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Duke Performances' Piano Recital Series at Baldwin Auditorium consistently features the most exceptional pianists from around the world, and the latest performance was no different. British pianist Stephen Hough is lauded worldwide not only for his performance skills, but also for his career(s) as a recording artist, composer, and writer. None of his works are in short supply – Hough has recorded over 50 albums, published over 40 works in many classical genres, written at least 600 articles for his online blog on The Telegraph. He is also a novelist – and yes, a painter too. Although the main skill on display Friday night was piano performance, it can be assumed that Hough's constant and varied creation in his career contributes to his performances too.
Hough's written note in the program shed some light on his program choices: while all three composers (Debussy, Schumann, and Beethoven) hail from some part of the Romantic era, the musical styles are extremely different. Such was the purpose of the program: to shed light on the varying ways that these Romantic composers communicate imagery and emotion. However, specific interpretations were up to the listener, of course.
Immediately, one of the most striking things about Hough's style was his treatment of silence. He began with Debussy's beloved "Claire de lune," which is almost mesmerizing in its sparseness. Here, the space between each phrase became just as important as the notes within. Completing this rubato was a sense of digging in to each change in harmony.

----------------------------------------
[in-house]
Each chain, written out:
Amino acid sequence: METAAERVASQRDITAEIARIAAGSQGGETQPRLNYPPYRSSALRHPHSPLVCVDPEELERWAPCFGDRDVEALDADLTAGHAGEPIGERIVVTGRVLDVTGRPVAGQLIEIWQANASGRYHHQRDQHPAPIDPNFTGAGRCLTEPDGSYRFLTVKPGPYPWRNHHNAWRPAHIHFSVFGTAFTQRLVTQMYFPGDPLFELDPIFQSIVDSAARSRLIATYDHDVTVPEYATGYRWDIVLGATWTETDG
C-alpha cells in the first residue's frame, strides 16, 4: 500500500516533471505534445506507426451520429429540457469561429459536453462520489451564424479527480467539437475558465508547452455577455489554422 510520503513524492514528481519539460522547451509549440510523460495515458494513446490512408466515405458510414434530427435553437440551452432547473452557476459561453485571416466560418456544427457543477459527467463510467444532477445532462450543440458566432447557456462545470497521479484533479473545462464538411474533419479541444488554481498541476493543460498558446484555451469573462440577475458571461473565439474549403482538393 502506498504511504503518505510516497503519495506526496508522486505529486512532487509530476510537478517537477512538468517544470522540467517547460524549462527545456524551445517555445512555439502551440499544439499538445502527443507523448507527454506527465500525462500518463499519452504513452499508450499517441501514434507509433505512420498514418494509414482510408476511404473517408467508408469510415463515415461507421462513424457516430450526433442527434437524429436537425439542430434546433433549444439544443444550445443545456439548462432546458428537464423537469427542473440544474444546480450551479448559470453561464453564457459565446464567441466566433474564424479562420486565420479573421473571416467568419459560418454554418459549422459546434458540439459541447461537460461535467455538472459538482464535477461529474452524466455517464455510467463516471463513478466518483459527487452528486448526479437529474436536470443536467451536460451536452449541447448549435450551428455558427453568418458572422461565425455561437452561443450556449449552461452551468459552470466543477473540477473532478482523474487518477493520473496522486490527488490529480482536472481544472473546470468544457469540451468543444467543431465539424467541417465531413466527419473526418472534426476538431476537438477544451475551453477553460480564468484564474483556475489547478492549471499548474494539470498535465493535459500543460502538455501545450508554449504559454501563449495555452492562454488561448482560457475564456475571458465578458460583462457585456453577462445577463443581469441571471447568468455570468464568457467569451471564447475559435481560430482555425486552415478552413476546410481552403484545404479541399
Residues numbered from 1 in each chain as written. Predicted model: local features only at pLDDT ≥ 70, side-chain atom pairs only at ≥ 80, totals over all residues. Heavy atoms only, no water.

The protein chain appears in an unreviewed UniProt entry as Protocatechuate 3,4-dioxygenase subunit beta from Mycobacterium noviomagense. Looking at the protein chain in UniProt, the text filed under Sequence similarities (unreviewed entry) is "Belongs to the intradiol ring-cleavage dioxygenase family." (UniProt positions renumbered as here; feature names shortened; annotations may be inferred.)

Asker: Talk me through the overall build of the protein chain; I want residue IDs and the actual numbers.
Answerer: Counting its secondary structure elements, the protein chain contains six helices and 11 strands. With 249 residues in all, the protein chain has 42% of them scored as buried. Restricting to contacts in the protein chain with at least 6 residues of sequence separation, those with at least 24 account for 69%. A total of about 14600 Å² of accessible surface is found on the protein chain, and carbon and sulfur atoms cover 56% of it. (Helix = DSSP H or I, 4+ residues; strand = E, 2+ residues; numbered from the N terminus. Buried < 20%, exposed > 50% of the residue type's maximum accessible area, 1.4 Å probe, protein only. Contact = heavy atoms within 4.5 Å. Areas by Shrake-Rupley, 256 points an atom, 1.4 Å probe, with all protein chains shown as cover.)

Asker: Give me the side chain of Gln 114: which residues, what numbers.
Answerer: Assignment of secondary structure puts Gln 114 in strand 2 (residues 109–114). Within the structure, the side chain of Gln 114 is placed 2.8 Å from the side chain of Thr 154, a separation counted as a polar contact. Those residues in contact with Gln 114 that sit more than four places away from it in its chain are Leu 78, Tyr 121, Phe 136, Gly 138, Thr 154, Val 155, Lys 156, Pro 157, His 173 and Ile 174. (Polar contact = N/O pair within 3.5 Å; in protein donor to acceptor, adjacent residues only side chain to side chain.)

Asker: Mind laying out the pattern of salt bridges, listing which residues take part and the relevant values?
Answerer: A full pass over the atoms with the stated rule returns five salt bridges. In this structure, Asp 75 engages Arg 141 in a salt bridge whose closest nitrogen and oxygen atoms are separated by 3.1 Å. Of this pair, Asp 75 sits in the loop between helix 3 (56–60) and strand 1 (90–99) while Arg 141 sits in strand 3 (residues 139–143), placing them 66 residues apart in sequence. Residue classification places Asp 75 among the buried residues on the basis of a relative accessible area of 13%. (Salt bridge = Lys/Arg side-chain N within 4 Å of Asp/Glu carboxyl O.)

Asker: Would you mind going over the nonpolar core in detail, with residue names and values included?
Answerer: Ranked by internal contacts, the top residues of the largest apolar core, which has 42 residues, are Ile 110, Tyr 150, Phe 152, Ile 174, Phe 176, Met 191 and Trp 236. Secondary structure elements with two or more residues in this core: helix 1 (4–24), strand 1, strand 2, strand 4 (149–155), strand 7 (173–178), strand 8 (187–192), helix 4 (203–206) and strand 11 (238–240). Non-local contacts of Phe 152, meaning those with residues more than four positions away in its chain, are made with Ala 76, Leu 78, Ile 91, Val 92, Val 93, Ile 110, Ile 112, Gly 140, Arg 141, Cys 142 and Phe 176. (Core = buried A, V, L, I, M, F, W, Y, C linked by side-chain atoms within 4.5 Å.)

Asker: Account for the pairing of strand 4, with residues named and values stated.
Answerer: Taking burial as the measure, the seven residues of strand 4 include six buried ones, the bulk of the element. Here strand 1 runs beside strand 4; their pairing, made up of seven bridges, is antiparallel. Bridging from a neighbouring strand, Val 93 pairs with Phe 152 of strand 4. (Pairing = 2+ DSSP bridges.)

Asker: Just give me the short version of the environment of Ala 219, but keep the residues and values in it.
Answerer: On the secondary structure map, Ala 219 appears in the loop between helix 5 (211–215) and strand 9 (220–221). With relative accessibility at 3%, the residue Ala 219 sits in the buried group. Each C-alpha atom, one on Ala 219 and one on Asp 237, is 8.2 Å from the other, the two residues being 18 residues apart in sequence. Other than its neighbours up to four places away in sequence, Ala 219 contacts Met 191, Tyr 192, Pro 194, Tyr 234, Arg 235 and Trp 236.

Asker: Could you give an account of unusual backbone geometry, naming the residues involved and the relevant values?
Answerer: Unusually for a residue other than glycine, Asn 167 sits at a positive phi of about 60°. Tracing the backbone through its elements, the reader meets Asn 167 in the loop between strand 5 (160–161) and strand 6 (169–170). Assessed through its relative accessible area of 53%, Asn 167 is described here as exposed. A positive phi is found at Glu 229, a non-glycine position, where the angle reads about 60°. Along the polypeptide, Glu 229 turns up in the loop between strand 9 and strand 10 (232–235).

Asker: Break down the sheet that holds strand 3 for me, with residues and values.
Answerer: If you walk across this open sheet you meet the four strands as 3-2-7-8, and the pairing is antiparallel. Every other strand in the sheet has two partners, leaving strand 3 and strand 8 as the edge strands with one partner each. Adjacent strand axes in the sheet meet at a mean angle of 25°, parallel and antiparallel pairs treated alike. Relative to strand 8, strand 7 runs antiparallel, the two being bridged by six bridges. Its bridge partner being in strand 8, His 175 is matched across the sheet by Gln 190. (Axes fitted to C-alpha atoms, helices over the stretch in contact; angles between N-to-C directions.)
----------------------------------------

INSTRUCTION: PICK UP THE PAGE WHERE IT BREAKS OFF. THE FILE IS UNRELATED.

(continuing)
Two more sets of Images by Debussy – Book II on the former half and Book I on the latter – were performed with a full sense of imagination. Highlights of these were the open, eerie chords and aleatoric melodies of Et la lune descend sur la temple qui fut (and the moon descends on a temple that had been), the darting, range-encompassing activity of Poisson d'or (Goldfish), and the masterfully thrilling agility of Mouvement.
Schumann's Fantasie, Op. 17 is wildly different from Debussy, but no less fascinating to behold. It is noted that perhaps this sonata is an interpretation of Schumann's own emotional turmoil, with confident melodies at each movement's onset that swiftly dissolve into meandering, fragmented phrases or an overall sense of agitation. Depicting each and every one of these rapidly changing emotions is no small feat, and the unpredictability of Schumann worked in Hough's favor for a rapturous performance.
Since Beethoven's Piano Sonata No. 23 in F minor (posthumously-nicknamed Appassionata) is widely considered to be his most technically challenging sonata, it was a treat to see it performed live. To connect to the other pieces on the program, it could be said Beethoven's changing moods are similar to Schumann, although Beethoven's overall form is more obvious; connections to Debussy could potentially be made with parts of the third movement, where ethereal, gliding arpeggios are a brief respite before the fiery, breakneck speed of the sonata's close. Unfortunately, Hough has not immortalized the Appassionata in one of his many albums – at least as of yet.